The Atlanta Washerwomen Strike (1881)
Less than 20 years after the Civil War ended, thousands of black laundresses in Atlanta went on strike in the summer of 1881 to lobby state officials for higher wages and better working conditions, including greater control on how their work was organized.
The strike began with 20 black laundresses who formed the Washing Society, a trade union seeking “higher pay, respect and autonomy over their work, and established a uniform rate at $1 per dozen pounds of wash,” the AFL-CIO notes.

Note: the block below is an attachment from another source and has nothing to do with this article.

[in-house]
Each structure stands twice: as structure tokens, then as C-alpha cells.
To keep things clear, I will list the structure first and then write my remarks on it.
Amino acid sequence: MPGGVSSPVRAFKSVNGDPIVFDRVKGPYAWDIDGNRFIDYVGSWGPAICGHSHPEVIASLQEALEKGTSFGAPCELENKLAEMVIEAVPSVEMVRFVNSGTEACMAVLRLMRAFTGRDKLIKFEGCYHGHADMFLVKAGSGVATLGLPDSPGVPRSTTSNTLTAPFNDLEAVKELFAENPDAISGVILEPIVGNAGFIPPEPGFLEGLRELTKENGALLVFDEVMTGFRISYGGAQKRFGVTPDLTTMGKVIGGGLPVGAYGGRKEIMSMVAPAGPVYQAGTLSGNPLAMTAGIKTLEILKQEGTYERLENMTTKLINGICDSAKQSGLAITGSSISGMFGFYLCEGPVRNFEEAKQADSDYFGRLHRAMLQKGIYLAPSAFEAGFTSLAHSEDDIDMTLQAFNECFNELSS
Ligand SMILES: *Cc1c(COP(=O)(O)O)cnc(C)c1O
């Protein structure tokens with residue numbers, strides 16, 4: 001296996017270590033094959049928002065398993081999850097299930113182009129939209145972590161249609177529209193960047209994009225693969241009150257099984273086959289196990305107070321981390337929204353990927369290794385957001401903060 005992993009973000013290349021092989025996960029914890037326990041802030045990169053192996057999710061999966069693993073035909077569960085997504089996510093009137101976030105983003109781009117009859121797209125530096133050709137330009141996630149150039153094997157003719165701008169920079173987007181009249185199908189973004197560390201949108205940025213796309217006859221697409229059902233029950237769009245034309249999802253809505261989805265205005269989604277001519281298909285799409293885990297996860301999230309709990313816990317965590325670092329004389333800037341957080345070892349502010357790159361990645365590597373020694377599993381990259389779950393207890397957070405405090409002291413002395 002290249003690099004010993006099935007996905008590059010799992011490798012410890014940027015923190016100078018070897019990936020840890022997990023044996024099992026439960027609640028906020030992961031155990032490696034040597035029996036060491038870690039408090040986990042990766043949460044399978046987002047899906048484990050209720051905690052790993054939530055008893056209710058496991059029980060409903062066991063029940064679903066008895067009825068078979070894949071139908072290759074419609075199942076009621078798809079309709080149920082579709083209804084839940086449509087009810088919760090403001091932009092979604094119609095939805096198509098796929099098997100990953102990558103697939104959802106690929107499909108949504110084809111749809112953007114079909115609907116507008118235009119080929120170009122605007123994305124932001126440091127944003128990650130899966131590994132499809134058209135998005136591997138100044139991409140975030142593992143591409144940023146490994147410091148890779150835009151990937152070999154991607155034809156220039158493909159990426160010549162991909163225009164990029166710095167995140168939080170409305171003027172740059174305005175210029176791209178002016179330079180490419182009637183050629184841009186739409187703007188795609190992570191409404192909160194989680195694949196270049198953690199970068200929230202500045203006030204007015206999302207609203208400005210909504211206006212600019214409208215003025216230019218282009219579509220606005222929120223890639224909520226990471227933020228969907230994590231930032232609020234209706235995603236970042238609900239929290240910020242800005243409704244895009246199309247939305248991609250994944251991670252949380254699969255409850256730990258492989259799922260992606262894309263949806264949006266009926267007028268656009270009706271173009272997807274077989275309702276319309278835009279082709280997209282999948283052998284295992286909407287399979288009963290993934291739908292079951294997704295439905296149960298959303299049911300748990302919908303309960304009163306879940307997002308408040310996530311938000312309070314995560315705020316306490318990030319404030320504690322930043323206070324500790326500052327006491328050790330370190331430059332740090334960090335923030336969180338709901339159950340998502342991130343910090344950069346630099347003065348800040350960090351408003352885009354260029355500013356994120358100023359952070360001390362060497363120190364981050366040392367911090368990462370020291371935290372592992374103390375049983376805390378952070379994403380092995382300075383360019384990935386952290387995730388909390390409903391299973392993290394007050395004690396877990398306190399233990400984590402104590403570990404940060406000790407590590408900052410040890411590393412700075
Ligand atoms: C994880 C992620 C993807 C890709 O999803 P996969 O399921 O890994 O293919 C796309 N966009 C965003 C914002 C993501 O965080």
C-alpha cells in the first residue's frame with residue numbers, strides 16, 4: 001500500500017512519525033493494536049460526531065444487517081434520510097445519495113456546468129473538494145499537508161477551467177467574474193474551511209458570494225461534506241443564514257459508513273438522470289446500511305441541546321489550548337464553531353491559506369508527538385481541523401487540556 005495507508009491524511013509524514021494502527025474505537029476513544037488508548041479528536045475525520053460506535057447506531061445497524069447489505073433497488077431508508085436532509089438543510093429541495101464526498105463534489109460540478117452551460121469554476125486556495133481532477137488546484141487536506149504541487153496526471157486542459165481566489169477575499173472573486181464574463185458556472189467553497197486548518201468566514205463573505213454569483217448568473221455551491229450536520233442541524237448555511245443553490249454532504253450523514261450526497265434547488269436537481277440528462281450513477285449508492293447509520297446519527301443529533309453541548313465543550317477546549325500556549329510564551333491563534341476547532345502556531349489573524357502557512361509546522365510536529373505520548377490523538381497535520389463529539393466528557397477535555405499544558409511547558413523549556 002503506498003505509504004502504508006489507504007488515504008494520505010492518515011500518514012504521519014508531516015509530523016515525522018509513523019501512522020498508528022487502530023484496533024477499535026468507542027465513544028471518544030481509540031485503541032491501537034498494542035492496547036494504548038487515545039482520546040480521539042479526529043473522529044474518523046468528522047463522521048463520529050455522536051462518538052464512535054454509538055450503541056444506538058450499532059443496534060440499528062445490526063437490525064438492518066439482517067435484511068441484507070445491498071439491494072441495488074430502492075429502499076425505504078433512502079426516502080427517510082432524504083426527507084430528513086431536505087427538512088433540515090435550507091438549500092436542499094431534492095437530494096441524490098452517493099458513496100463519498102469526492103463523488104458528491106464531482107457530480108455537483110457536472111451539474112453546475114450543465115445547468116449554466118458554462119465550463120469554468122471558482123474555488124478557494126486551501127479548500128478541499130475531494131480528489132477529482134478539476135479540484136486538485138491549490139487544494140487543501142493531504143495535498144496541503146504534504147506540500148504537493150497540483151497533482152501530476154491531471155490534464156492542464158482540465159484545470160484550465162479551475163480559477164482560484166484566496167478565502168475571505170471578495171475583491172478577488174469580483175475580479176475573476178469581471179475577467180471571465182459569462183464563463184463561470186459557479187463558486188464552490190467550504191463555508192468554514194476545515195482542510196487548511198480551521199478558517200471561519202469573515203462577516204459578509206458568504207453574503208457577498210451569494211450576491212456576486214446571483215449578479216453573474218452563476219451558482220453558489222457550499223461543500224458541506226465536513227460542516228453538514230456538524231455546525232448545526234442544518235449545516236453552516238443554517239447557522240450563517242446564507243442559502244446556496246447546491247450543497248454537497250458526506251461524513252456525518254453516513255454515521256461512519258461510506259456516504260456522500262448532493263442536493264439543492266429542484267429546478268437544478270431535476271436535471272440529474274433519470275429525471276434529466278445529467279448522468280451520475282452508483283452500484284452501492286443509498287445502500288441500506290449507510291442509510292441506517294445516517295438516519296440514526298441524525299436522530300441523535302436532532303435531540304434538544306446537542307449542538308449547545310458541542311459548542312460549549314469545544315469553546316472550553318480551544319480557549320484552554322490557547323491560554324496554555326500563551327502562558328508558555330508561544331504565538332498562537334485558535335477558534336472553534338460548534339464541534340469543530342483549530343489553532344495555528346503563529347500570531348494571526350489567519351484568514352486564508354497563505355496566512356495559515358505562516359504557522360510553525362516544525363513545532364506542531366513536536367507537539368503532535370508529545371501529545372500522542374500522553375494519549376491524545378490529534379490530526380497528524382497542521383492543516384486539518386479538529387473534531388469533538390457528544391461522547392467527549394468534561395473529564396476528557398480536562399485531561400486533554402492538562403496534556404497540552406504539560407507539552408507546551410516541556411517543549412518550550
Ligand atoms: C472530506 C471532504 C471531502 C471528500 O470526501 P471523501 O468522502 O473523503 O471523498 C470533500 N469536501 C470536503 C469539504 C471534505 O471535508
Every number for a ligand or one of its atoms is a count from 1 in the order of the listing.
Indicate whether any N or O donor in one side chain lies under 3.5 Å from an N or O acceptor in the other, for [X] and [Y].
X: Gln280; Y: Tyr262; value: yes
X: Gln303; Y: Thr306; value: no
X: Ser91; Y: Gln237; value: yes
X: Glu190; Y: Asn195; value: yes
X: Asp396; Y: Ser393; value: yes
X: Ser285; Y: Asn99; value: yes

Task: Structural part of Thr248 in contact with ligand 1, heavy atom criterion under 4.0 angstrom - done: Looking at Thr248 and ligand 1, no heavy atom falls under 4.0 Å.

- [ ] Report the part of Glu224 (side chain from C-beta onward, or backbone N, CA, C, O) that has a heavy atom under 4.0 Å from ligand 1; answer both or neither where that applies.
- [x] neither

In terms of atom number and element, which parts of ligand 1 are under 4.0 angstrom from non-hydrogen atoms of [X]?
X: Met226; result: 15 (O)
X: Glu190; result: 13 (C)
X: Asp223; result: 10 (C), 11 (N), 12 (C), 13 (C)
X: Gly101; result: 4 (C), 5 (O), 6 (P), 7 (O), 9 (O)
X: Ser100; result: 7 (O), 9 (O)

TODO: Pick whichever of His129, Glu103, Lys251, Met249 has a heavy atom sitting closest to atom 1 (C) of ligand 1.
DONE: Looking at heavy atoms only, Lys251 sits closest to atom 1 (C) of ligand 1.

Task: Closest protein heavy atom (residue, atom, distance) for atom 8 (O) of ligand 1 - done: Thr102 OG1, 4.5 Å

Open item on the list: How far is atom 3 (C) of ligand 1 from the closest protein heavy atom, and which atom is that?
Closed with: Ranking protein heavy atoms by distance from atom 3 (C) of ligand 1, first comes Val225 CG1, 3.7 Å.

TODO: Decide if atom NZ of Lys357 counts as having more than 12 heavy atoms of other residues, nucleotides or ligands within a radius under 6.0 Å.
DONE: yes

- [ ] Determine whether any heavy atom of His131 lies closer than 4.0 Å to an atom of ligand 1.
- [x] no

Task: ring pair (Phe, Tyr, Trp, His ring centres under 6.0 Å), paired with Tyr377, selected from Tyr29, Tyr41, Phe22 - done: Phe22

Over three weeks of striking, the Washing Society expanded to include 3,000 strikers, including white laundresses (at the time, white women made up less than 2 percent of washerwomen in Atlanta).
The Washing Society not only succeeded in raising wages but also inspired other domestic workers throughout the city to employ similar methods to advocate for their rights. (Article)